Deep House has been cool for twenty years. It no longer has an identity. All over the city we have seen events where a 15 hour line up consists of acts who only play deep music. Surely if your set as a DJ (over 90 minutes) has to reflect a journey then your line up for an event must do exactly the same. We are living in a world where the average party goer can walk out of your event/set and do some research on what they have heard. Underground parties (which is essentially what our local electronic music scene thrives on) were based upon freedom and new music. The electronic (more specifically House) music scene is at a beautiful precipice now and there is such a plethora of cross-pollination between genres that we cannot do any justice to it by just going deep.

You want people to walk out of your event/set and remember the most important thing - the music. Tease them. Take them on a journey. Make them walk the steps of the BPM building, up and down, and down again; before leaving them on a high. Don't take them too deep…they'll drown.




Hi Cape Cod, thanks for taking the time out to allow the DFD chefs to pick your brain.

Thanks for support, appreciate it! And hello from Kiev.

Firstly, Cape Cod is an awesome name! Tell us how you came up with it. Is there any special meaning behind it?

Cape Cod is one of the quietest places on Earth. Originally it was a project with my friend from St. Petersburg - guitarist of post-metal band Euglena, which had to be something at the junction of the freak-folk and post-rock. You know, I'm a former black metal fan (laughs) (before I played bass guitar in a mathcore\hardcore band +\- (plus\minus), that's why I love to use powerful bass and piano chords due to guitar distortion. It breath more life into my music. Further, this name stuck for collaboration with Stas Shmelevskiy. We planned to do a modern r'n'b project - a cross between SBTRKT, Weeknd, and Craig David. Unfortunately for personal reasons had to freeze it all, even though the material was on the whole EP. This is such a turn of events interconnected I came to what is now.

On to the musical side of things. At what age did you first start producing and what was the reason behind this?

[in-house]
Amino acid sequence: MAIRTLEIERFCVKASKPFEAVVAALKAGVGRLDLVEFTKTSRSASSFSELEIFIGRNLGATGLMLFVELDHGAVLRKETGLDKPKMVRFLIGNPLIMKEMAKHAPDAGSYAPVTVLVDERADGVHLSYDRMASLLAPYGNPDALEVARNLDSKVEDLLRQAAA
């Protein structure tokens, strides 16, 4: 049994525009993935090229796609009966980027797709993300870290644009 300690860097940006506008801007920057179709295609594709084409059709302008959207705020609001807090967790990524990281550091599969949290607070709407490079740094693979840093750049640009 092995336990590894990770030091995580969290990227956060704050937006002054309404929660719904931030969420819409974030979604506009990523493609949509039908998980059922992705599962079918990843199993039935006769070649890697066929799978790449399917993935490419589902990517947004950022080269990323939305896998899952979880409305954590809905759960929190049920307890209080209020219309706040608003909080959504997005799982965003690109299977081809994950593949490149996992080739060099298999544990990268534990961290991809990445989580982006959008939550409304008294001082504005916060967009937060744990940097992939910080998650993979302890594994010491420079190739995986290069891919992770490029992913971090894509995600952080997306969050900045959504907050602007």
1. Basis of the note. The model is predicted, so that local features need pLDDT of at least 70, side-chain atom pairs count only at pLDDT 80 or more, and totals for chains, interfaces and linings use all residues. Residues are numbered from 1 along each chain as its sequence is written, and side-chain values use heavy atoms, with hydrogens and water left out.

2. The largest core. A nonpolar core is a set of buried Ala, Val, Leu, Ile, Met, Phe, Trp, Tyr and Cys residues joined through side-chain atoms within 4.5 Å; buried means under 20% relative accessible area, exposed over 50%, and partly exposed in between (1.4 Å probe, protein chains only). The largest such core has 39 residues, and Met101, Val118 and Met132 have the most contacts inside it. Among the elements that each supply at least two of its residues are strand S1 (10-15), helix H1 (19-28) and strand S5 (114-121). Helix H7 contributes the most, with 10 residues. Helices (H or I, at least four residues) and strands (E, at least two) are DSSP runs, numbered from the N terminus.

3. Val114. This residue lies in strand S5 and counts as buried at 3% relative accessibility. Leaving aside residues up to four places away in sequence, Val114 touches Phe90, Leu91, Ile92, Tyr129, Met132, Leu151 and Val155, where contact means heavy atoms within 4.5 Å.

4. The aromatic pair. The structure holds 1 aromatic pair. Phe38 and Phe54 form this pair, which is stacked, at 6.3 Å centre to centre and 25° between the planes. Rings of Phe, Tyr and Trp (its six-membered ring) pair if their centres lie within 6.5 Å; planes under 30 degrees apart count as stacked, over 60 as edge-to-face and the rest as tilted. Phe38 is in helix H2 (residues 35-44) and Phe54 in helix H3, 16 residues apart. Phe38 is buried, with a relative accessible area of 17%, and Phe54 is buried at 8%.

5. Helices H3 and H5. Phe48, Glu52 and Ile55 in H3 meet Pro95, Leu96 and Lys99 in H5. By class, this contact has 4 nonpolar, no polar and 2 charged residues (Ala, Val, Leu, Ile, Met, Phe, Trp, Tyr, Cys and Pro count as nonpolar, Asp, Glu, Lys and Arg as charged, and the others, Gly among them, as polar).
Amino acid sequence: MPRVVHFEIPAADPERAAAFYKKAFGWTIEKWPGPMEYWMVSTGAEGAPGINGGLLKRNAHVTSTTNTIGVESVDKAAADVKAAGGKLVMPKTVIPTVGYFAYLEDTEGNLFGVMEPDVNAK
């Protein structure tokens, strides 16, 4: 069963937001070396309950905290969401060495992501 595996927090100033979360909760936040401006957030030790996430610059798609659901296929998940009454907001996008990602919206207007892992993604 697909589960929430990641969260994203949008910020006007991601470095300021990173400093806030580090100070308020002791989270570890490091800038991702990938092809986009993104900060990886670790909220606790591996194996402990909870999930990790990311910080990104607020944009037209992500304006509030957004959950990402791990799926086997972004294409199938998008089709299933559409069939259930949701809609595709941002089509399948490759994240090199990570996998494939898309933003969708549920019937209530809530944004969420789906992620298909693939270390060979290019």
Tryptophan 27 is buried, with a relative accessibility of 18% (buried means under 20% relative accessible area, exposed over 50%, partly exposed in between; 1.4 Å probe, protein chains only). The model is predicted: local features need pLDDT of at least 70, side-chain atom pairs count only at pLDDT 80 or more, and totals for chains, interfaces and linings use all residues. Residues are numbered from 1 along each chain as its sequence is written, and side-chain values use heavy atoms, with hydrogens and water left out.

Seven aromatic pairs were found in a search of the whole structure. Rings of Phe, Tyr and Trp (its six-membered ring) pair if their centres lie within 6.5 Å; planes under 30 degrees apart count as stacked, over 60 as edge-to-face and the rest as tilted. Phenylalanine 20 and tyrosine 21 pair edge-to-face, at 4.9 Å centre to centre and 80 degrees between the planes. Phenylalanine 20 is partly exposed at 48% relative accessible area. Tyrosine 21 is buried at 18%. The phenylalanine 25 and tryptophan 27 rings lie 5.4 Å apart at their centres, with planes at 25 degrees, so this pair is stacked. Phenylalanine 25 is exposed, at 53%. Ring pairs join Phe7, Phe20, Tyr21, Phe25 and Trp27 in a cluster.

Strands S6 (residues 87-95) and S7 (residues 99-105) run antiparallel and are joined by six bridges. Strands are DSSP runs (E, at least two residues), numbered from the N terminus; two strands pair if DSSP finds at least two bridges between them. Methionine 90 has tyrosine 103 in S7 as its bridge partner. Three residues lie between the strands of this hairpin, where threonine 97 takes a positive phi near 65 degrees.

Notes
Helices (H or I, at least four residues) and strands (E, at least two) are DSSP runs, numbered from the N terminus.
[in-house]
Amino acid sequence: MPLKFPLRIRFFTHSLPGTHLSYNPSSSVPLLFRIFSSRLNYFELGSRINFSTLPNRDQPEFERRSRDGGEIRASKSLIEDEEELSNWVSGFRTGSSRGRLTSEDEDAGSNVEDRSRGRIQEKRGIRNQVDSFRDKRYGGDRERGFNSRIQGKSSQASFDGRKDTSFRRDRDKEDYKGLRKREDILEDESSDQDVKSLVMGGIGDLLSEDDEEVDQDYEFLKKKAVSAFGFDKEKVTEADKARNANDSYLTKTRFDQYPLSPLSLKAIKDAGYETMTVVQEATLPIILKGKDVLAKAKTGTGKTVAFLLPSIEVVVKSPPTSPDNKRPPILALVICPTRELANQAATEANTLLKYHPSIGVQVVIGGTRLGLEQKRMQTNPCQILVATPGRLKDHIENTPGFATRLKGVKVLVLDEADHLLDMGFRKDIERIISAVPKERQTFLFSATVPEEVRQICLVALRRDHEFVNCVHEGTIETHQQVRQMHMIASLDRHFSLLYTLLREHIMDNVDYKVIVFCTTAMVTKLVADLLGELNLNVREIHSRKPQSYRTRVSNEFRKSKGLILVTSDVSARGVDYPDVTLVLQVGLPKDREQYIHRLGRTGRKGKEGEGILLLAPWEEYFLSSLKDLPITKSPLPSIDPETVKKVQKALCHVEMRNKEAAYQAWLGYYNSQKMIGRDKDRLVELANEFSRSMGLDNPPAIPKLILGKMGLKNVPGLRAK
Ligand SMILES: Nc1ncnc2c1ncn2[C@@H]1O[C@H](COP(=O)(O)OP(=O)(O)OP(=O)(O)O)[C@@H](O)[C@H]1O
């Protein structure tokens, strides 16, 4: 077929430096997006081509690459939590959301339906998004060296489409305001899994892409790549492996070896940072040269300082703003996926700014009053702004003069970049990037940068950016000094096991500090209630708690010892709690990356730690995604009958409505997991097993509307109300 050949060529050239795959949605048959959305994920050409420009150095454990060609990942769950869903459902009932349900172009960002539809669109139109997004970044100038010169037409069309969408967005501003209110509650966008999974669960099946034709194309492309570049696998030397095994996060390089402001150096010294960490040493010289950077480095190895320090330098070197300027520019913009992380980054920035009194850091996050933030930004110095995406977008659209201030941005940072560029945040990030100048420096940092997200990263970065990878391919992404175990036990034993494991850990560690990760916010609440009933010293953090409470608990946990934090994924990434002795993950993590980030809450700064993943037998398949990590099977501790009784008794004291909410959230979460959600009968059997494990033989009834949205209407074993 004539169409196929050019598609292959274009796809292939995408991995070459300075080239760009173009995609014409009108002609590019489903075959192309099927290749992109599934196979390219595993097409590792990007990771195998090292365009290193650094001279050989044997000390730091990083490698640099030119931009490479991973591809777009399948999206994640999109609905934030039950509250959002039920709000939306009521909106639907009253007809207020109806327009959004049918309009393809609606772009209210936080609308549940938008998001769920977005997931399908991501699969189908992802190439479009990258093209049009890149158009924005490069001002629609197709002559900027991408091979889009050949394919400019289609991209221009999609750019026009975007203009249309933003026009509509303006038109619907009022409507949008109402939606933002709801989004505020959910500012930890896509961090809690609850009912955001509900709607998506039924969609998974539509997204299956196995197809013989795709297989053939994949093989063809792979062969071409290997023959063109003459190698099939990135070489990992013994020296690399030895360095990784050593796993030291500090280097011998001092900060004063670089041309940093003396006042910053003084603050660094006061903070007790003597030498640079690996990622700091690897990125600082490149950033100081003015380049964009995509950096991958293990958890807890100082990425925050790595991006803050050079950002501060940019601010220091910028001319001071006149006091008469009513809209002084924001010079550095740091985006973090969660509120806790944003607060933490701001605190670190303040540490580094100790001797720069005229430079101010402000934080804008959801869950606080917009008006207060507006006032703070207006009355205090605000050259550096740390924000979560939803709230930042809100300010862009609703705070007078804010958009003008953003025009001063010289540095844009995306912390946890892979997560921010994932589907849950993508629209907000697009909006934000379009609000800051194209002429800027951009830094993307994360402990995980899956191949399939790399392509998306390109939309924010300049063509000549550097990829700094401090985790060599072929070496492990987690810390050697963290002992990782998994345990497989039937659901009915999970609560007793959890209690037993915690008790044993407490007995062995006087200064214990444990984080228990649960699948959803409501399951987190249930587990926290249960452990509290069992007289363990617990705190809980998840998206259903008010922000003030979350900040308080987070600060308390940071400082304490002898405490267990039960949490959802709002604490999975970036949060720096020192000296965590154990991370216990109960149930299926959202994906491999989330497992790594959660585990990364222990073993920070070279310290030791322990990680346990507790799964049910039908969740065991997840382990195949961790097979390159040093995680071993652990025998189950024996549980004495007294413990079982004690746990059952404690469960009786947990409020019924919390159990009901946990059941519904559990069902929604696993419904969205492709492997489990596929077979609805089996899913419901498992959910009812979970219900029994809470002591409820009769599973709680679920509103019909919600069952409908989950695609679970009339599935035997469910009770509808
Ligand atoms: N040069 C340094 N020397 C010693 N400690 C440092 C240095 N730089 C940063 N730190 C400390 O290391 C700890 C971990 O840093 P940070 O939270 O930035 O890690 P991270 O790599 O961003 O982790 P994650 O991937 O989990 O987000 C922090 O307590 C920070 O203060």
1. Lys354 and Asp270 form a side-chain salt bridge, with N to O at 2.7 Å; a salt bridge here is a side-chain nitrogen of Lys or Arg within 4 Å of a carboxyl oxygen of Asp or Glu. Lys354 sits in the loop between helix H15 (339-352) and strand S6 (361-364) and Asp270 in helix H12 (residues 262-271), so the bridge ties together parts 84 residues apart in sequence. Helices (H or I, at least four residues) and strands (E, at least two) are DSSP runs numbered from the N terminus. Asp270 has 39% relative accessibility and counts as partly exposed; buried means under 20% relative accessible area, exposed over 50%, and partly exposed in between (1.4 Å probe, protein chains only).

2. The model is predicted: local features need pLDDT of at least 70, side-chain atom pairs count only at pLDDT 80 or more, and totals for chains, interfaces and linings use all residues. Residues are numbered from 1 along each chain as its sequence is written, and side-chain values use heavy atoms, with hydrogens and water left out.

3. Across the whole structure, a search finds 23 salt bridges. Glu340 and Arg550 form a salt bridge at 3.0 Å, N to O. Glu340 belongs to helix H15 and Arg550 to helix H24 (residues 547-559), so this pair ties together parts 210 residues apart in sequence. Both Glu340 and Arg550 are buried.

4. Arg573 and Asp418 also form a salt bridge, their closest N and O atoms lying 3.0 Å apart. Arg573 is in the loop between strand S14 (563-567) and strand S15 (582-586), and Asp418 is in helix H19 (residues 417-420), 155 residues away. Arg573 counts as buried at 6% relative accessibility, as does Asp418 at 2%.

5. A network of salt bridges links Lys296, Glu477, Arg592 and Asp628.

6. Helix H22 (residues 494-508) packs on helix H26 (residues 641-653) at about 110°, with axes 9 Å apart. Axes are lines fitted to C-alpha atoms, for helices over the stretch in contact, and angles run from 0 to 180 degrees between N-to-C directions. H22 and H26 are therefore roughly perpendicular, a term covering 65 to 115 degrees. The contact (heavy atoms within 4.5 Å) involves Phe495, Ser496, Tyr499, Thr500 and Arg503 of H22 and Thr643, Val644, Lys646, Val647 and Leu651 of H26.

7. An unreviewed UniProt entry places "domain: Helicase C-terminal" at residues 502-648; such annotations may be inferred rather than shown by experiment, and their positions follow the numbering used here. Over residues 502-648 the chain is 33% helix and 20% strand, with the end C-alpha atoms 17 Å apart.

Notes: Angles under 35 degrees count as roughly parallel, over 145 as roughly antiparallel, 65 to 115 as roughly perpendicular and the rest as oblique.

Well, I bought my first bass guitar at age 16. A year or two I worked independently, but then finally decided to go to a music school. Two years later, I dropped it because it became boring to play ethnic motifs and I engaged again in self-education. Video lessons and fulltime sitting at home, trying to create my own kind of technique. I always tried to use the bass guitar as a guitar. It was a fun and exciting time, which I greatly obliged . And production in electronic music I started in 2010 . Long evenings at home, watching a lot of tutorials, trying to understand what I ultimately want .

Were you classically trained as a musician on any instruments?

Yep, bass guitar. I also play on classic guitar and keys. And now learning drums

What software do you produce in and do you incorporate or use any analog elements or live instruments?

I gradually turn on the analog sound, as I initially instrumental musician. To me it is closer, it is possible to feel the instrument. But now I work in Ableton - I like his noisy overtone, does not give the tracks to be licked. And also preparing live program, but so far it's little surprise.

We first heard your stuff a while ago and even then you had a distinct choppy and very old school House sound to your production. Has that always been your sound?

Nope, I came to electronic production inspired by Burial, James Blake, Jamie XX and drag music, because for me it is quite adequate projection of black metal to electronic music. Of course the total number of bedroom artists created anti hype on this. I still love first album of Salem for their experiments with southern hip-hop (which in fact was reflected in my very first produced the track - a remix to Ace Of Base "All That She Wants). And of course I find inspiration in old jazz and soul, that I was fond while being in my first band. So I don't think that the house is the ultimate form of self-expression - just as long as it is the most eclectic of the existing for me.